Chris Crenshaw presented the Themis Award for his contributions to Southern Miss Symphony – Picayune Item


Dr. Chris Crenshaw, Senior Associate Vice President for Planning and Facilities Management at the University of Southern Mississippi (USM), received the Themis Award at the opening concert of the Symphony Orchestra’s 102nd season Thursday, September 30.

The award is presented annually at the orchestra’s opening concert to an outstanding Southern Miss administrator, teacher, staff member or other person who has contributed to the success of the orchestra and its members.

The Themis Prize is named after the Greek goddess divine law and order; she was the Titan who made sure things were done in an honorable way. She presided over the oldest oracles and first instructed humanity in the laws of justice, morality and good governance.

She was also Zeus’ first counselor, sitting next to him and advising him on the precepts of divine law and the rules of fate. She is the personification of the order of things established by divine law, custom, oracle, equity and divine decree.

“This orchestra, the School of Music and this whole university have all benefited from Chris’ work here,” said Dr. Colin McKenzie, director of the USM School of Music. “His work touches everyone in this institution. His name is never in the spotlight, and he prefers it that way, but there isn’t a single thing happening on our campus that Chris’s efforts don’t touch and support.

Of particular note is Crenshaw’s role in the aftermath of the 2013 EF4 tornado that devastated the front part of the Hattiesburg campus. The buildings housing the Music School were all directly affected, two of which were demolished. The Leech House, which housed the Orchestra’s offices, has been reduced to rubble.

As manager of the physical factory, Crenshaw had to oversee hundreds of projects created by the destructive tornado, including finding a new location for the orchestra. The entire music school had to be moved immediately.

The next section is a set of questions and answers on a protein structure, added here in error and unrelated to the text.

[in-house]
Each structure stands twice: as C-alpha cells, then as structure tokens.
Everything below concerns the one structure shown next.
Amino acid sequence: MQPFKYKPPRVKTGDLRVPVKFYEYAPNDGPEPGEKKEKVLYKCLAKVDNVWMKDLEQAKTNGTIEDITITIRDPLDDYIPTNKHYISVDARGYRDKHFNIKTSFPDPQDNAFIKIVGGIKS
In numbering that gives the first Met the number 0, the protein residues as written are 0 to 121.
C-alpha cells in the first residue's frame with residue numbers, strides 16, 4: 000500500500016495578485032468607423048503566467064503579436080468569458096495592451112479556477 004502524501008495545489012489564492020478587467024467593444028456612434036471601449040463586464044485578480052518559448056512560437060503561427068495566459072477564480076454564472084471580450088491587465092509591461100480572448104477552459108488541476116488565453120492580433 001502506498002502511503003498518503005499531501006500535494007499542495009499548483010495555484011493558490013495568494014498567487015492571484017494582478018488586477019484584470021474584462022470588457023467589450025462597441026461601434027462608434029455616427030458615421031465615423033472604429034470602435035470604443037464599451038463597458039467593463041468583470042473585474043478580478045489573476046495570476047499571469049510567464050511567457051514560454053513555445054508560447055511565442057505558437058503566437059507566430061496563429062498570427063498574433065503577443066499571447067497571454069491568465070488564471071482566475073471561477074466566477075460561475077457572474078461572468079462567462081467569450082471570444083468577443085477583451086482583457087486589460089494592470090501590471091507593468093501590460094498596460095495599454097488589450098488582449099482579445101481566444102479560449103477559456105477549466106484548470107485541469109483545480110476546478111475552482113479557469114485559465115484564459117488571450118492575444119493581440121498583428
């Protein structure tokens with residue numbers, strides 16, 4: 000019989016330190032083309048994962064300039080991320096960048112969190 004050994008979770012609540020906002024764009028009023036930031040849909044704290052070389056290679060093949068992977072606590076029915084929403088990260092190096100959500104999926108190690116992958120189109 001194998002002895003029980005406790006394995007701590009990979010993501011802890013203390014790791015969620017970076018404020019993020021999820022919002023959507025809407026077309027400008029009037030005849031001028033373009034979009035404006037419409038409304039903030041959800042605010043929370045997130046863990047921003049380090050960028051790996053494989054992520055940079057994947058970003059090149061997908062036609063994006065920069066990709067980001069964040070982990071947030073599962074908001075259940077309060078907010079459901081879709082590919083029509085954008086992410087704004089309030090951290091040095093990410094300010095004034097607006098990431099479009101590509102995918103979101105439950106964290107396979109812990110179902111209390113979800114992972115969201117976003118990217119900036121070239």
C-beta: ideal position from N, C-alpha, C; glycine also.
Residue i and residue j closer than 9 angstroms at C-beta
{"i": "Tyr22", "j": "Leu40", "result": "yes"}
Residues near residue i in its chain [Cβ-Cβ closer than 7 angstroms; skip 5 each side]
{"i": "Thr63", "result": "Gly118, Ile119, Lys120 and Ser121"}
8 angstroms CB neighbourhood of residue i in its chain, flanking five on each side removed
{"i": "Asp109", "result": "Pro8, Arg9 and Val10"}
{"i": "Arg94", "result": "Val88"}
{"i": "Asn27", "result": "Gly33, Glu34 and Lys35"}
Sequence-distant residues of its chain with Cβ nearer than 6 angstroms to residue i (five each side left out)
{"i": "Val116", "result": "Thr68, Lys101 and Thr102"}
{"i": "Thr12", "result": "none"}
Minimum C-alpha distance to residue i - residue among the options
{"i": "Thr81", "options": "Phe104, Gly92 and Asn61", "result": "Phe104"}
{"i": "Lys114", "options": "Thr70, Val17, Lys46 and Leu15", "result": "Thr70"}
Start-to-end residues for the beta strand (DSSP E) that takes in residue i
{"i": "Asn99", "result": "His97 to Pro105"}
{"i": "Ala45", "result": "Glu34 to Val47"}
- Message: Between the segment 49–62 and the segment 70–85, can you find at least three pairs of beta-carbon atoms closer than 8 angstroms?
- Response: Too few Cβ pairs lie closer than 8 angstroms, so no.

Crenshaw oversaw the movement of over 200 classrooms to other campus buildings and created what was affectionately known as “Twister Town,” a 16-caravan campus in a parking lot north of the campus that housed music desks, classrooms and studios. After just two short weeks, the School of Music was back to normal and the rest of the campus was on the mend. As part of the takeover, Crenshaw oversaw the transformation of the first floor of the Marsh Fine Arts Building into a magnificent new office and rehearsal space for orchestral, opera and musical theater programs.

Crenshaw’s friend Dr Alan Lucas of Oak Grove Family Dentistry and son of USM President Emeritus Dr Aubrey K. Lucas presented the award.

“The Southern Miss Symphony Orchestra couldn’t do what it does without someone with Chris’s expertise, experience, sense of dedication and willingness to help,” said Dr. Michael Miles , director of orchestral activities. “He always went above and beyond the call of duty, with skill and grace. He most deserves this year’s Themis award.

Previous winners of the Themis Prize include Dr. Harold Luce, Dean of the College of the Arts 1987-1996; Dr Peter Ciurczak, director of the School of Music, 1988 – 1998; Dr Aubrey K. Lucas, university president, 1975-1995; Sidney J. Gonsoulin, Associate Vice-President, Student Affairs; Dr Susan L. Steen, Director of International Education; Mr. Jerry Wren, Utilities Team Leader, USM Physical Plant; Mr. Tom Dungan, Events and Logistics Coordinator of the USM Symphony Orchestra; Dr. Mike Lopinto, Assistant to the Dean of Arts Administration and School of Music’s Public Relations / Marketing and Events Coordinator; Mr. David Williamson, Director of Financial Aid; Dr Stanley Hauer, professor emeritus; and Rusty Rollison, director of show facilities.

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